“We write to taste life in the moment and in retrospect. ” Anais Nin
This Persian recipe takes a little time to prepare. Each ingredient is gently pan fried and then assembled together for a final roasting. I didn’t have any tamarind paste so I substituted lime juice mixed with brown sugar. The sweetness of the sauce makes for a delightful surprising combination that enhances the soft eggplant and brings all the flavors together.
Yesterday I started packing up my studio. I have just a few more days here and then my blog is ready to come to an end. I organized the box of letters I had written Abby and she so lovingly saved. Over the months I have read and re-read each letter that span a decade of the 1990’s. Not only are these letters a precious physical belonging that I treasure, they also have come to represent something else. Letter after letter, the theme of longing is strikingly present. Longing to be in driftless region of southwest Wisconsin, longing to be near my friend, longing to be in those god damn magical hills, longing for my independence, longing for my freedom, year after year, writing after writing.
The box also included a handful of romantic letters from an old love that I must have given her to hold onto for me. She knew all too well that I had a tendency to throw away relationship memorabilia out of anger and pain. I am so glad she saved them for me. I can look back now on those days of passion and heartbreak with an acquired wisdom that softens the edges with a more mature understanding. Also included were letters from a few friends and lovers of Abby’s, photos, cards and some poetic scribblings. The shoe box was stuffed, it was black and labeled “rock and candy.”
I thought about the last time Abby and I ever talked. Days before her last communication to me by text, we were having a phone conversation while I was taking a walk. I remember it was a warm early spring morning and crab apple blossoms were all over the sidewalk were I was standing. I was looking down. I vividly remember a dense layer of pink petals all around my feet. She said Rita had come to get the kids and she needed to hang up. We were trying to agree upon the best date for a visit. I was finally coming back to the midwest to see her. The next morning she texted me for the last time. “I’m sorry I had to go so abruptly. I feel there was something else you wanted to say.”
Can you believe it?? Those were her last words to me, forever and ever. So haunting, so uncanny, so prophetic. I responded with a one word “nope” and a winking emoji. But I was wrong. Unknowingly, I was so very wrong! There were many more things I wanted to say and hence “A Year at Portsmouth” was born out of that desperate need to say more, much much more.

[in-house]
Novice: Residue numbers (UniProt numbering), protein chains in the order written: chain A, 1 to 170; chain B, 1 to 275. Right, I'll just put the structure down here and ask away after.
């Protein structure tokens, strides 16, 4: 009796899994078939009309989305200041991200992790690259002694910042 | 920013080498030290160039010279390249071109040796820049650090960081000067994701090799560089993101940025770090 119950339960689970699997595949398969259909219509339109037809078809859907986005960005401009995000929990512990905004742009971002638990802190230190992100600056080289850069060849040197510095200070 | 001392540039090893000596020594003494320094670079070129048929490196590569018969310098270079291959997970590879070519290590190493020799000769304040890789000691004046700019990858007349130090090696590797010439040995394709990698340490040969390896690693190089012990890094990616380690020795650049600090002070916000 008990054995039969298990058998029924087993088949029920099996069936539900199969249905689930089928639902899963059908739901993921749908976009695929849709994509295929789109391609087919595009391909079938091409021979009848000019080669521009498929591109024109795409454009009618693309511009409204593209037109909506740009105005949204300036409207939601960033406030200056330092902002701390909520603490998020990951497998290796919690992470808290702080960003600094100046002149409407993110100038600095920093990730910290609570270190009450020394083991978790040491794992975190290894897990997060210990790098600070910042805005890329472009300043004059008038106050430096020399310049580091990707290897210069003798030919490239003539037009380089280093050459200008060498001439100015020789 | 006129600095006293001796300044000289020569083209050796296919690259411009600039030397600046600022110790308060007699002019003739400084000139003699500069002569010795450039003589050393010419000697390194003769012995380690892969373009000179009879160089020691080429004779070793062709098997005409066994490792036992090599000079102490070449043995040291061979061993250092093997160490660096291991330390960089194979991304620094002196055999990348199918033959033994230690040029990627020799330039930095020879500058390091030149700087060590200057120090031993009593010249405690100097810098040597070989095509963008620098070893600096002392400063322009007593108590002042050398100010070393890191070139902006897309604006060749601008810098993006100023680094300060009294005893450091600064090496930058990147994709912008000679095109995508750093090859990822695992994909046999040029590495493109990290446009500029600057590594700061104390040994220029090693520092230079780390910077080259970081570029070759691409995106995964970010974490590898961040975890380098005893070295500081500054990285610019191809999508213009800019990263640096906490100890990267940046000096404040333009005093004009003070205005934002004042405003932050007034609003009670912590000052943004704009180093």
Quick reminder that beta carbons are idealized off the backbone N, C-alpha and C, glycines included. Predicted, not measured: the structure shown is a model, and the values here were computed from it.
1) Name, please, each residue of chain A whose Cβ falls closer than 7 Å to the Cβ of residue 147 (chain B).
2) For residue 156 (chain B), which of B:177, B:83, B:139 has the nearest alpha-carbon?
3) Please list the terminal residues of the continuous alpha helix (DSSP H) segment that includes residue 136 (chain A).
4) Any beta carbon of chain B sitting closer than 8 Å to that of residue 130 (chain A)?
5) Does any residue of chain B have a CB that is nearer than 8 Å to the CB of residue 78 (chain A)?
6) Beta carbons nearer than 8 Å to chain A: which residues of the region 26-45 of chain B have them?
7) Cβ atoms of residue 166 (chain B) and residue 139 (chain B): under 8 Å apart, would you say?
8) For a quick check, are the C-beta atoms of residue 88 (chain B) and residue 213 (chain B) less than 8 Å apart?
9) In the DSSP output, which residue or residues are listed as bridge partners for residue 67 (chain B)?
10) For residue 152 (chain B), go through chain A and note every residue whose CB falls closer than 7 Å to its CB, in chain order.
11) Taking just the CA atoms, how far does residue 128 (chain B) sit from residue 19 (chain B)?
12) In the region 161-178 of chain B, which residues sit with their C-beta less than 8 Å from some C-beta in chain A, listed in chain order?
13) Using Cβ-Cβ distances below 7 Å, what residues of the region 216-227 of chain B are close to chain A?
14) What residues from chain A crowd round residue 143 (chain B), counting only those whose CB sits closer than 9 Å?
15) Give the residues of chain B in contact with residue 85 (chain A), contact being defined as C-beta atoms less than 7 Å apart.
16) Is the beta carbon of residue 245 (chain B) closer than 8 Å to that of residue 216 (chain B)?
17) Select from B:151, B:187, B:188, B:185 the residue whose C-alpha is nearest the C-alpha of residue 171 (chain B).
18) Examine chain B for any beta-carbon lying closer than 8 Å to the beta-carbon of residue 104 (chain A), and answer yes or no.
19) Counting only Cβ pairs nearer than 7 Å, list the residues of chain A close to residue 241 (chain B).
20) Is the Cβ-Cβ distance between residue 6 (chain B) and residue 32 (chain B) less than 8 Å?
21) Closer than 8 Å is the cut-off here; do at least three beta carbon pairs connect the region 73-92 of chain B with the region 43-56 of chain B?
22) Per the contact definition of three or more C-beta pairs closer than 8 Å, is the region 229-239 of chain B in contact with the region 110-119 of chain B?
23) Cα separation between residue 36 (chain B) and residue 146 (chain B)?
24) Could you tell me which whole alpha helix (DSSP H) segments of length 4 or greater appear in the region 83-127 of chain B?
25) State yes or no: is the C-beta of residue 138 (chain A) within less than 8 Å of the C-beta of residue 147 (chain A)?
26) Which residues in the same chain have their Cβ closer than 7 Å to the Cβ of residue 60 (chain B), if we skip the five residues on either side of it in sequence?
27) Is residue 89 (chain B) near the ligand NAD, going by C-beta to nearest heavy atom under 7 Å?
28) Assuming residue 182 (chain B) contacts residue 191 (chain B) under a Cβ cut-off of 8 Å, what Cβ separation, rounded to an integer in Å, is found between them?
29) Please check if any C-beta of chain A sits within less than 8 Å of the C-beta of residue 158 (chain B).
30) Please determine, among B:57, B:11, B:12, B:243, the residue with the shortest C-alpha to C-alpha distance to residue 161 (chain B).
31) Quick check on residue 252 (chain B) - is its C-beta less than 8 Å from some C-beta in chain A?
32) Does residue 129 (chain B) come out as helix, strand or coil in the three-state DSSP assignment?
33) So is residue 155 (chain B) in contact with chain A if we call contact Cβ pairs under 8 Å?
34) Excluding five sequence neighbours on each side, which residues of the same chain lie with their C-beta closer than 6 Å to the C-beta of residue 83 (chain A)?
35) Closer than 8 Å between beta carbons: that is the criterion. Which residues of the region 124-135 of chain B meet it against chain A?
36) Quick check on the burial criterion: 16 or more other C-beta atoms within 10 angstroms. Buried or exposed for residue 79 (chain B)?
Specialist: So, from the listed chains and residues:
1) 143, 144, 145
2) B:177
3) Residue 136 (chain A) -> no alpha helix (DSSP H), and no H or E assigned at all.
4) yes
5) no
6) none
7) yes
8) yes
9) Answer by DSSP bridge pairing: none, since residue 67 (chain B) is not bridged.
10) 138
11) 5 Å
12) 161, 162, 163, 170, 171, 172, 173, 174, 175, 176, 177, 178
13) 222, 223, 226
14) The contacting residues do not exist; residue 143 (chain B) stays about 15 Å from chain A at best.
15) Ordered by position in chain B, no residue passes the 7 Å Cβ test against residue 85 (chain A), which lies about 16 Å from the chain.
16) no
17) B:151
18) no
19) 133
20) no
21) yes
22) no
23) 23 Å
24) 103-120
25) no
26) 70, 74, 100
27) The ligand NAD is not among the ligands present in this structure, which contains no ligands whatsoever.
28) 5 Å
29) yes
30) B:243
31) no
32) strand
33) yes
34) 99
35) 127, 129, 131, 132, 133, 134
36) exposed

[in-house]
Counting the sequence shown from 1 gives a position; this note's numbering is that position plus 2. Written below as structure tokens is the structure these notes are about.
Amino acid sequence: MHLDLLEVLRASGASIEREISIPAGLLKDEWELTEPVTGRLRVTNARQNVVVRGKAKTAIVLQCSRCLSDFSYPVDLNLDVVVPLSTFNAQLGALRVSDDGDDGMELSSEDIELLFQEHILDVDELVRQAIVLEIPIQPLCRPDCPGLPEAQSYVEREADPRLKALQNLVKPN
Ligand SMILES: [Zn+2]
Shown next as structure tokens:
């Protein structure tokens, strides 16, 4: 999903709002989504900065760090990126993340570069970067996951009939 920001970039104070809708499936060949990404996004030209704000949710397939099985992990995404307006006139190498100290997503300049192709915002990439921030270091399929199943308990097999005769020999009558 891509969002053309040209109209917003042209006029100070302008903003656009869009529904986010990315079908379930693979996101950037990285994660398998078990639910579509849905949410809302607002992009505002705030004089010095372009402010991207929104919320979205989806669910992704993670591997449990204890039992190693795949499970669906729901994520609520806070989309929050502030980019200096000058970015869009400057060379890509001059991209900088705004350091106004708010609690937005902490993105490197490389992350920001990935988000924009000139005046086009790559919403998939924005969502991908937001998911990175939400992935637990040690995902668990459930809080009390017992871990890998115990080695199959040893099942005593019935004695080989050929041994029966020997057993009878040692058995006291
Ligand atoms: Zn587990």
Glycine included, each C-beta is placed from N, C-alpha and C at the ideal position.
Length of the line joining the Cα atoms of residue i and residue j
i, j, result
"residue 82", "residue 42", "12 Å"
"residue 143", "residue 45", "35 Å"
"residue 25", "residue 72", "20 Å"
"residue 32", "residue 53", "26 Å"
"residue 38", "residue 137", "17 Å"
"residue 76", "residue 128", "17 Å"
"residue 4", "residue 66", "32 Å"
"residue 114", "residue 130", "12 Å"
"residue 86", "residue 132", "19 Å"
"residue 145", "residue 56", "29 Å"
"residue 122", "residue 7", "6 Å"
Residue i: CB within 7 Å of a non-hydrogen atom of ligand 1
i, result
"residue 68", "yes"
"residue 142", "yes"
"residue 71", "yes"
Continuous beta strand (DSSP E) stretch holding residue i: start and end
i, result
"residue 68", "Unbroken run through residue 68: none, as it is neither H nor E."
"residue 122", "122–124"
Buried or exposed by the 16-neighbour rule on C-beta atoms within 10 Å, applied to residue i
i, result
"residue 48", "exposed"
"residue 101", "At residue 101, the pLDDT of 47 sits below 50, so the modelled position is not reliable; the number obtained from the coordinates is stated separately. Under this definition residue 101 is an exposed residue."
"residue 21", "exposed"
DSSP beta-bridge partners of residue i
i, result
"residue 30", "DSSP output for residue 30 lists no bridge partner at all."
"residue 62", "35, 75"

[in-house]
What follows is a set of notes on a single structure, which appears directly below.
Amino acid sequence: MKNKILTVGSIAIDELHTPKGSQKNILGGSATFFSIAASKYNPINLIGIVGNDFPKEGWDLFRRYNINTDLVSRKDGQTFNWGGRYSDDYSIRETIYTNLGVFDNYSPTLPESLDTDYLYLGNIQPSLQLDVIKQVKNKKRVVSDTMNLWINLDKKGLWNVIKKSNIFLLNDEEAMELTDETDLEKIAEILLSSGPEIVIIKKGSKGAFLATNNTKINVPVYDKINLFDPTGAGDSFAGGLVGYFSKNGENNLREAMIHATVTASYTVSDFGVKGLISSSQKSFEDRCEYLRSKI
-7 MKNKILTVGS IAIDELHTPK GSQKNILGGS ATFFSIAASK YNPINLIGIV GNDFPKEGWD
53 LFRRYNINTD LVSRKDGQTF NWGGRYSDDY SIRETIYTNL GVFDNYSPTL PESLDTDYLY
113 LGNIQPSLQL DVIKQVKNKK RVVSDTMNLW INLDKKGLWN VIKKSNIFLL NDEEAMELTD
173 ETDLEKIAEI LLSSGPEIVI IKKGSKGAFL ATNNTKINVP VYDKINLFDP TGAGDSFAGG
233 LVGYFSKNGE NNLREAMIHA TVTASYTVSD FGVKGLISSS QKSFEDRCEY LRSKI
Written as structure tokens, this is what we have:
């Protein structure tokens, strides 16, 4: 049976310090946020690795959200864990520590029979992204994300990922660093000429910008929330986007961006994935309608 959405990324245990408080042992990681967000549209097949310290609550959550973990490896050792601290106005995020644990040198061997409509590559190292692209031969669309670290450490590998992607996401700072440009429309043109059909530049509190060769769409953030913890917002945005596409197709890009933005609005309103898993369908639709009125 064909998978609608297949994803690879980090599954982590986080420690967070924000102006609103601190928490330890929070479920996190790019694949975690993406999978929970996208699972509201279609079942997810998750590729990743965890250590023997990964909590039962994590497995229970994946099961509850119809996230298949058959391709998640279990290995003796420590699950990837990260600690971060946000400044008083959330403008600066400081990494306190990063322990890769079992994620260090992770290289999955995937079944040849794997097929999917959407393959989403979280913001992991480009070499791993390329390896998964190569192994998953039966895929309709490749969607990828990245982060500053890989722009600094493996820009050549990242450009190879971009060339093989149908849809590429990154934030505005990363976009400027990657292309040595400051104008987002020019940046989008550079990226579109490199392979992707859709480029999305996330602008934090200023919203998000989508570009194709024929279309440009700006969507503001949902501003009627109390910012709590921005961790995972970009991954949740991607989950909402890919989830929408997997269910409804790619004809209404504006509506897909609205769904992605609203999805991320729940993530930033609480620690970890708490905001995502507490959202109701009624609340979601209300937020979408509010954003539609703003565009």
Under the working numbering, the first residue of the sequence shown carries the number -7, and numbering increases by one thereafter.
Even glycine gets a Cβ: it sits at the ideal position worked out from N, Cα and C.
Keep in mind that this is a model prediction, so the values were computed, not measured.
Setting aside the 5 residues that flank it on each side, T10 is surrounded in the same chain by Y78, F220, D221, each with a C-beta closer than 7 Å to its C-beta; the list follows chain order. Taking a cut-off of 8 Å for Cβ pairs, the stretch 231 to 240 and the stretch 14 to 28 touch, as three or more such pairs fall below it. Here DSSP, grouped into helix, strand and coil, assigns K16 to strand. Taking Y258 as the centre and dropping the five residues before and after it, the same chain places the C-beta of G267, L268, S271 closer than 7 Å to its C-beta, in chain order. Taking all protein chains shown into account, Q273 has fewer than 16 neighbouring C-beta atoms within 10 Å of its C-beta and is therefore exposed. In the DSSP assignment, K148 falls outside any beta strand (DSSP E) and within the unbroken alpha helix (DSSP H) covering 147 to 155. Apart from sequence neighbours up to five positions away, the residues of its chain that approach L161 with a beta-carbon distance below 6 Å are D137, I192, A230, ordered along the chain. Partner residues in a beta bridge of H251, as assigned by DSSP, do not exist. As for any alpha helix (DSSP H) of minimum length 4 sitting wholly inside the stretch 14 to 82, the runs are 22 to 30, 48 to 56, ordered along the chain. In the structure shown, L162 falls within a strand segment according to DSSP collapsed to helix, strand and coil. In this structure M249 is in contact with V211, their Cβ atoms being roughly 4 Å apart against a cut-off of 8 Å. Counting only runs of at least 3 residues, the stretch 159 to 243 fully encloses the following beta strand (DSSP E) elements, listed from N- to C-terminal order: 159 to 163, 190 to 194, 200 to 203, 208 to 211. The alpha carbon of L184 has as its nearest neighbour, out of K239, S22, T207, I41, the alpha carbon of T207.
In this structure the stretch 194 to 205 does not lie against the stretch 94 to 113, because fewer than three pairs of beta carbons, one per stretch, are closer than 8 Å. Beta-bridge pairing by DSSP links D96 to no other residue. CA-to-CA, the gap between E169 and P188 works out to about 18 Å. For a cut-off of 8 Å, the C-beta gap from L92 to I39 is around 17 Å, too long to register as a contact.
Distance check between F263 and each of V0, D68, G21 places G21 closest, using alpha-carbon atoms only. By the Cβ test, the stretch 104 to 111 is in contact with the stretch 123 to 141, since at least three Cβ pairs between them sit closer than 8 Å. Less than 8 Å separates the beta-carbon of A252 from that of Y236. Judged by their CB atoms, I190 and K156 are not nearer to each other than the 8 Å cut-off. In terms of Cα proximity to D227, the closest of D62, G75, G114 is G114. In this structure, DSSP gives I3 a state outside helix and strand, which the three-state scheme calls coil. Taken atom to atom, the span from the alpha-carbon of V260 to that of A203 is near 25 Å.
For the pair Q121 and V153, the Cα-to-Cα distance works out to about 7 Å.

Ingredients: 3/4 pound ground beef, 4 large minced garlic cloves, 3/4 tsp curry powder, 2 eggplants about 1.5 pounds cut into 1/2 inch slices, 1/2 cup olive oil, 2 large potatoes peeled and cut into 1/2 inch slices, 1 large onion peeled and cut into 1/2 inch slices, 1 large green pepper cored and sliced (I used red), 1.5 cups water, 4 tbsp tamarind paste, 1.5 tbsp sugar, 3 ripe tomatoes cut into 1/2 inch slices, salt and pepper.
1.Preheat oven to 400. Place the beef and half the garlic into a bowl, add curry powder ( I used ground cumin and turmeric) and mix. Make into 12 small meatballs and set aside.
2. Heat a large non stick pan to medium high heat. Brush the eggplant with oil on both sides and cook for 4-5 minutes each side until golden. Brush the potato slices with oil and cook for about 6 minutes on each side. They should be golden but not cooked all the way through. Set aside.
3.Cook the onion slices and pepper in about 2 tbsp of oil for about 5 minutes. At last minute put in remaining garlic and set aside. Cook meatballs for about 2-3 minutes until golden but not cooked through.
4. In a measuring cup mix the water with the tamarind paste (I used brown sugar and lime juice to taste) and sugar until blended. Arrange the eggplant, potato, onion, pepper, tomatoes and meatballs in a 12 inch round baking dish overlapping them. Pour over the sauce. Cover with foil and cook for 30 minutes then uncover and cook 20 minutes more. Serve with basmati rice.